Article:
When I picked this up at the library, I was intrigued by the cover and title. It’s about a girl coping with the loss of her sister and the changes that creates for her family. This is another book on the short list for the 2016 Silver Birch Fiction Awards from the Ontario Library Association.

Description from Chapters:

Bethany knows that she is special. She doesn't learn things as easily as her classmates do and that sometimes makes them mean to her. They call her names - including the really "bad" name. Even her mom and her sister Mira say unkind things at times. But Bethany has friends like her neighbor Mrs. Goldsborough as well as happy times with Dad when he gets home from work. And now, Mira has promised to protect her from the bullies when the new school year begins.

Then tragedy strikes, tearing Bethany's world apart in ways she could never have imagined, and she starts to wonder if there will ever be a place that feels like home again.

Rain Shadow was written by Valerie Sherrard and published by Fitzhenry & Whiteside in Scholastic Canada in 2014.

My Take:

I enjoyed reading this story, though the things that happened to Bethany and her family made me feel sad. At times, I also felt angry for Bethany, and disappointed in some of the characters who treated her unkindly. One of the best things about this story is the way the relationship between Bethany and her father deepens as their family troubles intensify. Bethany is an interesting character, showing strength and a never-give-up optimism even when faced with difficult challenges. This would be a good book for classroom discussions about special needs and different ways people handle grief.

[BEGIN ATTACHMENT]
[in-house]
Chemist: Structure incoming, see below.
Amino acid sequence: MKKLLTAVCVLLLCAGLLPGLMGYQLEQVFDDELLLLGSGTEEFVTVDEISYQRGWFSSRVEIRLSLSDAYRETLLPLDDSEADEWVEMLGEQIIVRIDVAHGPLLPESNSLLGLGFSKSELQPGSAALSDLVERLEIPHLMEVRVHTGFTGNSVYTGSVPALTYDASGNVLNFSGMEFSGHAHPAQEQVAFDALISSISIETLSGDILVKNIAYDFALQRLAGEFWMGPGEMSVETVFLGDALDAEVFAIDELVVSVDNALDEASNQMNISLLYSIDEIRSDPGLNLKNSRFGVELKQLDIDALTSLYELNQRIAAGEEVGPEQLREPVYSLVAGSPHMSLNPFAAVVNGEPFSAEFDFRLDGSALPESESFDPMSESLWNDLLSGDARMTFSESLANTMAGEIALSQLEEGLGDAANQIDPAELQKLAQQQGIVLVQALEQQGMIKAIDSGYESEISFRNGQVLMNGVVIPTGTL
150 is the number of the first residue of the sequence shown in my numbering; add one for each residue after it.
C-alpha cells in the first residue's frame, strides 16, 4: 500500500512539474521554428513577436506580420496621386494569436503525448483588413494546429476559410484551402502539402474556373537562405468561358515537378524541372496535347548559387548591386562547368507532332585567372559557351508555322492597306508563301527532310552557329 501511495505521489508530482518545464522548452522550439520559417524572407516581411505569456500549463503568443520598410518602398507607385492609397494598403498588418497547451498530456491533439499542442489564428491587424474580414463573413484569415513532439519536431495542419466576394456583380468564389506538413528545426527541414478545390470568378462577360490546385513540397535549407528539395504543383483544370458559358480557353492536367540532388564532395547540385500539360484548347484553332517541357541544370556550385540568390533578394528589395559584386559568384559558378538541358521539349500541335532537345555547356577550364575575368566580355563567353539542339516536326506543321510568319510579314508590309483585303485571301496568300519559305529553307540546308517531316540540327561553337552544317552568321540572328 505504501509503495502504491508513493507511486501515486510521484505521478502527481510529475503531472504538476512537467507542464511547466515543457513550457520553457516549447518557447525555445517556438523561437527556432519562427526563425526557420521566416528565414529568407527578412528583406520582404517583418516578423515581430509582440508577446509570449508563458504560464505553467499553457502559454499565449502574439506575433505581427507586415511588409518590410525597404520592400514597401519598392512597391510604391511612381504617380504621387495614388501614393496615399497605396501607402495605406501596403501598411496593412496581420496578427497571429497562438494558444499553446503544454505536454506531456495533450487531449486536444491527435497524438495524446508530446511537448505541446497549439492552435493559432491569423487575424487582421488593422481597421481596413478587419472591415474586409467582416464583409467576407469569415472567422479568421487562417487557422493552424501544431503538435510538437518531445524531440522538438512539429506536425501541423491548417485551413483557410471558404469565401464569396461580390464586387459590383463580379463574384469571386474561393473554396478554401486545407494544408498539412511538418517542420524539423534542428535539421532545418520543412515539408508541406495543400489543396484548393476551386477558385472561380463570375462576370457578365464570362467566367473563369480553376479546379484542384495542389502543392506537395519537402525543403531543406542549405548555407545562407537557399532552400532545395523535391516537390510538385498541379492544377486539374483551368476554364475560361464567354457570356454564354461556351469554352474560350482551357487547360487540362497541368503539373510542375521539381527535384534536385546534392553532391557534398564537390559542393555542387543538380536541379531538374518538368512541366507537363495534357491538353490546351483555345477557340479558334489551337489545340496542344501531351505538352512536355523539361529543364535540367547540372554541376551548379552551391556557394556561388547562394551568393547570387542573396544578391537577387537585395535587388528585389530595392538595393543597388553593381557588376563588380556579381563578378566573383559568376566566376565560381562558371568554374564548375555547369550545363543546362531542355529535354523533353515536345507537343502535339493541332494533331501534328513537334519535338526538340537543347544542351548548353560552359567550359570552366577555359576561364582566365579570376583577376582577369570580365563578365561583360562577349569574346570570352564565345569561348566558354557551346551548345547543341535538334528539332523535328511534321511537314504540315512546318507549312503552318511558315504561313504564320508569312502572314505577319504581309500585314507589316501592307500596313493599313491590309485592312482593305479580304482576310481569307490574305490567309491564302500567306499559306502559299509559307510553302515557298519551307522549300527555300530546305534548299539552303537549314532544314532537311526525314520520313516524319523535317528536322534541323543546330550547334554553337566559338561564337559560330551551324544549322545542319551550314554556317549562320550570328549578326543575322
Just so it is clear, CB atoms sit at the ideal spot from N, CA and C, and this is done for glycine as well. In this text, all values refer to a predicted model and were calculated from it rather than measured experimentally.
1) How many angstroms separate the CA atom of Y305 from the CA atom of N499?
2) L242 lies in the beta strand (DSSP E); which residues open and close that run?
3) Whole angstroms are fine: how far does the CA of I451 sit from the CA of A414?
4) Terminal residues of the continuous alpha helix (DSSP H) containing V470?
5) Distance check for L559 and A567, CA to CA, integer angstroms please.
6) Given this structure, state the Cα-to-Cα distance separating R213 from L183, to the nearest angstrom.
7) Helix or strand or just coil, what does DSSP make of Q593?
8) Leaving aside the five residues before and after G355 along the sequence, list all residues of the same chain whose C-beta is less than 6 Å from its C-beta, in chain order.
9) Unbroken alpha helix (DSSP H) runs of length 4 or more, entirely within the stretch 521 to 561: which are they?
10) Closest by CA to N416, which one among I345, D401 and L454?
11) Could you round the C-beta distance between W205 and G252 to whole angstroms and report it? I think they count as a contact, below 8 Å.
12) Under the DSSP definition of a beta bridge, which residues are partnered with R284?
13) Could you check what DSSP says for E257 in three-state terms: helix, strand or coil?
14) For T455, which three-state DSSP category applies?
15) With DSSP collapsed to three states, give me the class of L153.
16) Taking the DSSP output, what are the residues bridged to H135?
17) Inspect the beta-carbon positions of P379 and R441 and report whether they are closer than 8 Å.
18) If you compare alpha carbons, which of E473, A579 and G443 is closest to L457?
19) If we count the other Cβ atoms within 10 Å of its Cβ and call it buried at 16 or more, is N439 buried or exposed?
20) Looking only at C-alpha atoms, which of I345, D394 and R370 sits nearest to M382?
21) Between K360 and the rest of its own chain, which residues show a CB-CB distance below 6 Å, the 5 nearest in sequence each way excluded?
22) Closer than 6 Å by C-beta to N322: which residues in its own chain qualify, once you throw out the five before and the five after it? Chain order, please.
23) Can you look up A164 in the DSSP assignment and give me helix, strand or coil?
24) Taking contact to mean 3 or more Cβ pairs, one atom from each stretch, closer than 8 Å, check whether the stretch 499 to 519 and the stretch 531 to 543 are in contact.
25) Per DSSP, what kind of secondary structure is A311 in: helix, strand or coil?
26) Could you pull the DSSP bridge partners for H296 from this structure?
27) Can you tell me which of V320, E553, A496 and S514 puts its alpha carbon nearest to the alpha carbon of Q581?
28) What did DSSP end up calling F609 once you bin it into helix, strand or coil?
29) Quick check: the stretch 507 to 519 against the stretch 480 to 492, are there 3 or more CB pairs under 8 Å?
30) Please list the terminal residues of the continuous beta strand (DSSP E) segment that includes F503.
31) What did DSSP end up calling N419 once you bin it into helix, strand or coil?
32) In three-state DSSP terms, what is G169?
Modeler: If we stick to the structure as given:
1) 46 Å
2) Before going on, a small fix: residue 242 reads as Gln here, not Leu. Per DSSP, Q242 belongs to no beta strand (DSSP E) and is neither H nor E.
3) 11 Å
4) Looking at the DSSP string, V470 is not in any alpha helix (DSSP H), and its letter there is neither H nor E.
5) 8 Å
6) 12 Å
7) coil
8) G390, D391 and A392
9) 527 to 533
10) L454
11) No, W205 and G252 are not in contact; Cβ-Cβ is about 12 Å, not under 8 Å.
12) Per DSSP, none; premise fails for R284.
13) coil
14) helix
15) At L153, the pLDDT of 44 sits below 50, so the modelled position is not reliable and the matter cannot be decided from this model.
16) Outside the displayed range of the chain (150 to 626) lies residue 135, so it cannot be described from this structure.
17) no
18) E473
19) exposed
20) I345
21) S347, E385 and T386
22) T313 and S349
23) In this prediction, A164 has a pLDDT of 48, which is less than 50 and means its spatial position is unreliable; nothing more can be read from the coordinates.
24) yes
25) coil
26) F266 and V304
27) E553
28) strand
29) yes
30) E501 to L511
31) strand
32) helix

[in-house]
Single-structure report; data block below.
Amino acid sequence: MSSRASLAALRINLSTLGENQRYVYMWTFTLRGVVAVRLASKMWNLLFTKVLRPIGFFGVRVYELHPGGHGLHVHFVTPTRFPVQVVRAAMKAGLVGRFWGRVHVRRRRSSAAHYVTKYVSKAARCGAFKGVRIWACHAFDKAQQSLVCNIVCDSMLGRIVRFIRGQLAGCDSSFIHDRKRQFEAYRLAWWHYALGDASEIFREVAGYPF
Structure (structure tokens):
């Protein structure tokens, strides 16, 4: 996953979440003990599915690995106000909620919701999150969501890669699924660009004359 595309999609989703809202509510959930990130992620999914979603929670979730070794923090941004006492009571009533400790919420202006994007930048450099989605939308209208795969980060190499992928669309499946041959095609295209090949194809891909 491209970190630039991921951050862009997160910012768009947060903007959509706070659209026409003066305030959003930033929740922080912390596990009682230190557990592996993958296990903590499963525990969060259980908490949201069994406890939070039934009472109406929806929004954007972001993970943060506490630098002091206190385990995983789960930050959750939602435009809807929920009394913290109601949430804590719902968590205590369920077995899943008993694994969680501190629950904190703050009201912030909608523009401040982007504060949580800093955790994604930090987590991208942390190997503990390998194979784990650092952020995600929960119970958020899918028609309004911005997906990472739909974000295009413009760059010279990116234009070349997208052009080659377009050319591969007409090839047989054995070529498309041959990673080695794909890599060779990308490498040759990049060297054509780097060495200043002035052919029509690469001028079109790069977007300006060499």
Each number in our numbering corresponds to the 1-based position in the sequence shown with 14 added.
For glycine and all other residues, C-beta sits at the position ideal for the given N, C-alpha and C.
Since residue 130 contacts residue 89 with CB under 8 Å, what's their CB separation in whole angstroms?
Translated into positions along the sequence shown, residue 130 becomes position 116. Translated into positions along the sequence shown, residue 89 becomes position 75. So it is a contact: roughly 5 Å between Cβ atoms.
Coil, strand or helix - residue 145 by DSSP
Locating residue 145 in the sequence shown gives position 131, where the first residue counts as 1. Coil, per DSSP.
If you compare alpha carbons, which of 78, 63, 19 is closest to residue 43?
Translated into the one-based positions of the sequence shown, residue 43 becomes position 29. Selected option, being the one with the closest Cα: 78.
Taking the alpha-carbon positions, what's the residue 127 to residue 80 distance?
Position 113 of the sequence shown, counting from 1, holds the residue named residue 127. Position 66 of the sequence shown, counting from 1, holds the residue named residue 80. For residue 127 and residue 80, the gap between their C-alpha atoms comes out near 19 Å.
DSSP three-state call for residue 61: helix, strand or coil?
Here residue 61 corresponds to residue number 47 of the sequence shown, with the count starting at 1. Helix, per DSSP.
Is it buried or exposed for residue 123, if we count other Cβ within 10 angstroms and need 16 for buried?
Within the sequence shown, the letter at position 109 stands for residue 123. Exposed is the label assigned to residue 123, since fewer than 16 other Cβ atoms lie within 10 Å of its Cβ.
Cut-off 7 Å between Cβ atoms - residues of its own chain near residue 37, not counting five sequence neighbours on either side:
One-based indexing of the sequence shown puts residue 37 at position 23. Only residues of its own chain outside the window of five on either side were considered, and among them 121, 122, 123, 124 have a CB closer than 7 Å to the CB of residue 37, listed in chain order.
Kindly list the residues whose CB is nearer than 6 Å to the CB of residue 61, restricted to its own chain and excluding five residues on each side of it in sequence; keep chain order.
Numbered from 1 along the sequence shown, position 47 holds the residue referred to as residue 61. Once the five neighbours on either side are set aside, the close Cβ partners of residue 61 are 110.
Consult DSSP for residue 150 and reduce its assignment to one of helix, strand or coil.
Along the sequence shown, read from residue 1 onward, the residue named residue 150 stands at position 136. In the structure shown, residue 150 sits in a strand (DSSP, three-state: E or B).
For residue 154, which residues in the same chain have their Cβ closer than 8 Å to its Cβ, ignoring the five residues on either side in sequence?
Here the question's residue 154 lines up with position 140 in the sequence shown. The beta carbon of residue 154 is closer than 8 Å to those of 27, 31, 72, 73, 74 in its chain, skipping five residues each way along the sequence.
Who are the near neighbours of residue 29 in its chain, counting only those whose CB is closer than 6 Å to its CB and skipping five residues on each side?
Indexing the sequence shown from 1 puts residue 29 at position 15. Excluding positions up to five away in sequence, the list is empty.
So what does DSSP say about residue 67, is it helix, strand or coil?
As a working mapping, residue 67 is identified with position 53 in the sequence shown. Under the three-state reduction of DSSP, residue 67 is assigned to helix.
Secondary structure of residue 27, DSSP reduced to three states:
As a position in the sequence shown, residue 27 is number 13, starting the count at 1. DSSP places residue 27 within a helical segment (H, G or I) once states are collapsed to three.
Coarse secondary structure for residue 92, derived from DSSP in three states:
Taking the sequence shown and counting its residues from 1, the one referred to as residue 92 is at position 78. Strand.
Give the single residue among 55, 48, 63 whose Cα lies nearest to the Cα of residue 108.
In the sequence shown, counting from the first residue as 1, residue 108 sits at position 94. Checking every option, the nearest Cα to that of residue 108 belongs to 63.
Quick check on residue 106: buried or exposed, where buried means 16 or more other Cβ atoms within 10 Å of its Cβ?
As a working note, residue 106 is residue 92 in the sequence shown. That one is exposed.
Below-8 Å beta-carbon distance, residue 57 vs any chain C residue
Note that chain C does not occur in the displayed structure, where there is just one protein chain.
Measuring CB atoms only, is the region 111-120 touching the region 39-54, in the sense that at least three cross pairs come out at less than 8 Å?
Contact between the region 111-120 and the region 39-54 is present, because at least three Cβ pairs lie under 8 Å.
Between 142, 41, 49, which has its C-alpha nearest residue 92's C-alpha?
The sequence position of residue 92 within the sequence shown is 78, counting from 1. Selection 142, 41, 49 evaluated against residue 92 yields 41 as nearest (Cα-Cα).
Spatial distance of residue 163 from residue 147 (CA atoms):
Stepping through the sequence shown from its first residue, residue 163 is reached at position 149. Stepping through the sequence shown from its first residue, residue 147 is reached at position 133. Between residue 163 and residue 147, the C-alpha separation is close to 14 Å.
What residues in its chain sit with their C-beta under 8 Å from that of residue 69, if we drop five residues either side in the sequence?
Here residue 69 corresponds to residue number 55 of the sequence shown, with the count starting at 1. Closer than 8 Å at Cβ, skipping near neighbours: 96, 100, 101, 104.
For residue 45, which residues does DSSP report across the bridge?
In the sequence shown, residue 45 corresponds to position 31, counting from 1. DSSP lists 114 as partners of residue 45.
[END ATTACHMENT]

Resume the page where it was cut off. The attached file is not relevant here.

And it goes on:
From a writer’s perspective, this is a good novel to study to see how to create a first-person perspective. There are many instances where the reader has to infer what is happening based on Bethany’s thoughts and observations.

Opening Line:

“My sister Mira is the sun and I am the moon.”


“What I hate most is when someone talks about me and looks right at me at the same time. It makes me feel like I am a dead bug in a glass case like we saw one time on a class field trip.”

“I do not know if a house has feelings, but our house seemed like it was sad, just like Mother and Daddy and me.”

“I did not like keeping secrets. I was scared about what would happen if people found out. I tried not to think about them, only they kept coming into my head.”

Other Info:

Valerie Sherrard lives in New Brunswick in what once was a funeral home, with her husband and cats.

This novel is a companion to her novel, The Glory Wind, with glimpses of some of the characters. The Glory Wind was nominated for a Silver Birch Award too -- in 2012.

Valerie Sherrard was inspired to become a writer by her 6th grade teacher.